His senior cohort practically lived with his shopping cart full of neatly-packed belongings at the Barnes and Noble store in Burbank on San Fernando Road. Inside the store, the man -- who was short and hollow-eyed -- hid himself in the books he was furiously and seriously looking into.

Anthony walked right up to him as he sat in his traveling folding chair at the book store entrance, his shopping cart at his side, fully displaying himself to the traffic of book-store goers.

Homeless man

"Hello, sir," Anthony said.

It was the first time he said anything to the man, even though he had seen him many times.

The man had such a hard making any response to Anthony that he finally resorted to taking out an album from his shopping cart as a form of a language chart between foreigners.

He still kept trying to talk with Anthony. But a harsh nervous laugh broke up every sentence he tried to say. In the short man's album were many pictures of the man when he was much younger, nattily dressed Air Force sergeant, who had received many medals.

"You need to see a lawyer," Anthony told him.

The man looked at him and laughed.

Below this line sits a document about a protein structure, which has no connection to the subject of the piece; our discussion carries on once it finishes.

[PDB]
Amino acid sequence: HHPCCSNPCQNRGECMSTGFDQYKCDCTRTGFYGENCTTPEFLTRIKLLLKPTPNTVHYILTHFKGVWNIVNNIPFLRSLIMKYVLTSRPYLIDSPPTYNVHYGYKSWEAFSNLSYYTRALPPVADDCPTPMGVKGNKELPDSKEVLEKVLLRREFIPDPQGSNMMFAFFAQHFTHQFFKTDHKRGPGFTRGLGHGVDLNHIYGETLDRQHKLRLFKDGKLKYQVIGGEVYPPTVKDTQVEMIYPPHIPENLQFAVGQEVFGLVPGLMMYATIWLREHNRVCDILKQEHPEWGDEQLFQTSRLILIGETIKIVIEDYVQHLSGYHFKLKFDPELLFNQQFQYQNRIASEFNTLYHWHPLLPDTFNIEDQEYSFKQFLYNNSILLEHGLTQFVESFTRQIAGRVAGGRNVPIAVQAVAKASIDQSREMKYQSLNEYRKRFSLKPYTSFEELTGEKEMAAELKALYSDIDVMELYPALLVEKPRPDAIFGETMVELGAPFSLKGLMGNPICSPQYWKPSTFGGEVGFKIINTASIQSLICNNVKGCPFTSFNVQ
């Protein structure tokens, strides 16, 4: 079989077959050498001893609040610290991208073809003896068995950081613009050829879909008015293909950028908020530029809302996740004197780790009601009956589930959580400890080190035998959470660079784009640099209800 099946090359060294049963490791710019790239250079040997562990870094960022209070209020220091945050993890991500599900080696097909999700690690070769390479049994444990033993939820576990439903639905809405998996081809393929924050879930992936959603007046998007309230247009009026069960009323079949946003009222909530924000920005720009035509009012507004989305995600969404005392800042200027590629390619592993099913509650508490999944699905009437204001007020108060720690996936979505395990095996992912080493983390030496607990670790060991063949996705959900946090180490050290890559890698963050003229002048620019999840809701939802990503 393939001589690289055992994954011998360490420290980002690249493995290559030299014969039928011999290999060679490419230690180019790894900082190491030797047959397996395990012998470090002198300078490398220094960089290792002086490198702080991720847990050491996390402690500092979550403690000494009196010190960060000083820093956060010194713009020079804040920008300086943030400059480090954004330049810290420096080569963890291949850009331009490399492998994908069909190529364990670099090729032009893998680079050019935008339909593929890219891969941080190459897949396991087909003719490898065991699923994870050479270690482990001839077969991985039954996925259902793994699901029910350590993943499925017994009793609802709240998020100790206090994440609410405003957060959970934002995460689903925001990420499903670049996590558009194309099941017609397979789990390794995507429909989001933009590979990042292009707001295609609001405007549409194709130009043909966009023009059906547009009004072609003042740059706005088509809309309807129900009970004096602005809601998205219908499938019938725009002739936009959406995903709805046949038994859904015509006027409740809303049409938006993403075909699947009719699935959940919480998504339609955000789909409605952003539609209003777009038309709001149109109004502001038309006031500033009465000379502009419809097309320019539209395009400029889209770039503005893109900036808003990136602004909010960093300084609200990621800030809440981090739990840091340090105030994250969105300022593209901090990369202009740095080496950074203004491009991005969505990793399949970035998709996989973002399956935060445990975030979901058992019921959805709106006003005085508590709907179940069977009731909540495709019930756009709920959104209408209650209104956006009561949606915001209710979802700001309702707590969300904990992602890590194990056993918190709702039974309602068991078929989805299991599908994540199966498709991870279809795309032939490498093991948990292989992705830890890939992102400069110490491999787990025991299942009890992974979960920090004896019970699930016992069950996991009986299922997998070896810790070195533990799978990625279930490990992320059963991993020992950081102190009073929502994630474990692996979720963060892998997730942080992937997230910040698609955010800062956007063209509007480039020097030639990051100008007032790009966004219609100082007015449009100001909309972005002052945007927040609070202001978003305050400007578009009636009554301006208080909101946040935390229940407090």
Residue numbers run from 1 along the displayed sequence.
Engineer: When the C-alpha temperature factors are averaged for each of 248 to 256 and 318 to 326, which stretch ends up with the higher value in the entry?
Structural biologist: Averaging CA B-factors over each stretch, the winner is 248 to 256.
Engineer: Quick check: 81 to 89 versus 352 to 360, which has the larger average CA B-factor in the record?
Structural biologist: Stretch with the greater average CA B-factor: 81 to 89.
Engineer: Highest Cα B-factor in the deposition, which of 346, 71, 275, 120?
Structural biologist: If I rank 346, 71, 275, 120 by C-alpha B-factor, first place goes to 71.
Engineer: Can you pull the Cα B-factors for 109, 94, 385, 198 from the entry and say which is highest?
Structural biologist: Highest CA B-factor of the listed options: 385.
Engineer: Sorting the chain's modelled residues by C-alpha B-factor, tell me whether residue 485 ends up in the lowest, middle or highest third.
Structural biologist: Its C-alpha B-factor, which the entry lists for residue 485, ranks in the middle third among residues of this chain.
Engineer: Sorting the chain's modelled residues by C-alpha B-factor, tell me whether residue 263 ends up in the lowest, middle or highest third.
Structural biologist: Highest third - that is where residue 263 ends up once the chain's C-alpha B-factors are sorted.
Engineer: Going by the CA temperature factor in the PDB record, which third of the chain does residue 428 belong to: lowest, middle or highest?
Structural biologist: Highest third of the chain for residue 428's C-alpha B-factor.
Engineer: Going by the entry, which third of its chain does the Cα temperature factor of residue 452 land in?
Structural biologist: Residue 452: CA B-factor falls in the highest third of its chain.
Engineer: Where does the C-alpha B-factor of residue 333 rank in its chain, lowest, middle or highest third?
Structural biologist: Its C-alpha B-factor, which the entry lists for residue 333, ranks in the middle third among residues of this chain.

"A lawyer," he said again. "Tell him what happened to you. Tell him, look what's happened to me."

The short man threw his head back and laughed like this was the funniest thing said into his ears that outdoor day.

At a hamburger place, where Anthony decided to have lunch, a woman and a man with several stuffed garbage bags around their seats appeared to him like victims in a vision. It was like they hadn't been there when he had arrived, but that his pressing thoughts had conjured them.

Anthony purposely refilled a Coke just in order to inspect them closer, and found they had done pretty well in detailing themselves. The smallest details such as a line of grime on their fingernails told him that they had been sleeping on the streets.

The woman wore her hair short, and her eyes went from place to place without apparent movement, truly a seasoned bird that looks for food. The man looked older. He wore his gray hair longer than his companion, and he had allowed more problems to take on his face.

"Are you stranded today?" asked Anthony.

The woman suddenly looked at him without moving her eyes. He was getting more and more the feeling that he had invented her. "No," she said. "We're doing our crossword puzzle together."

There was a crossword in front of them Anthony had not seen before. Things had a way of flipping up in front of him on this day, but it was more likely that this couple had a way of camouflaging things that were not his business.

He went back to the table shaking his big Coke in hand.

A few minutes later a cherubic-faced Mexican-American woman with straight black hair and the stride and bearing of a manager strode toward the poor couple and handed a key to the woman.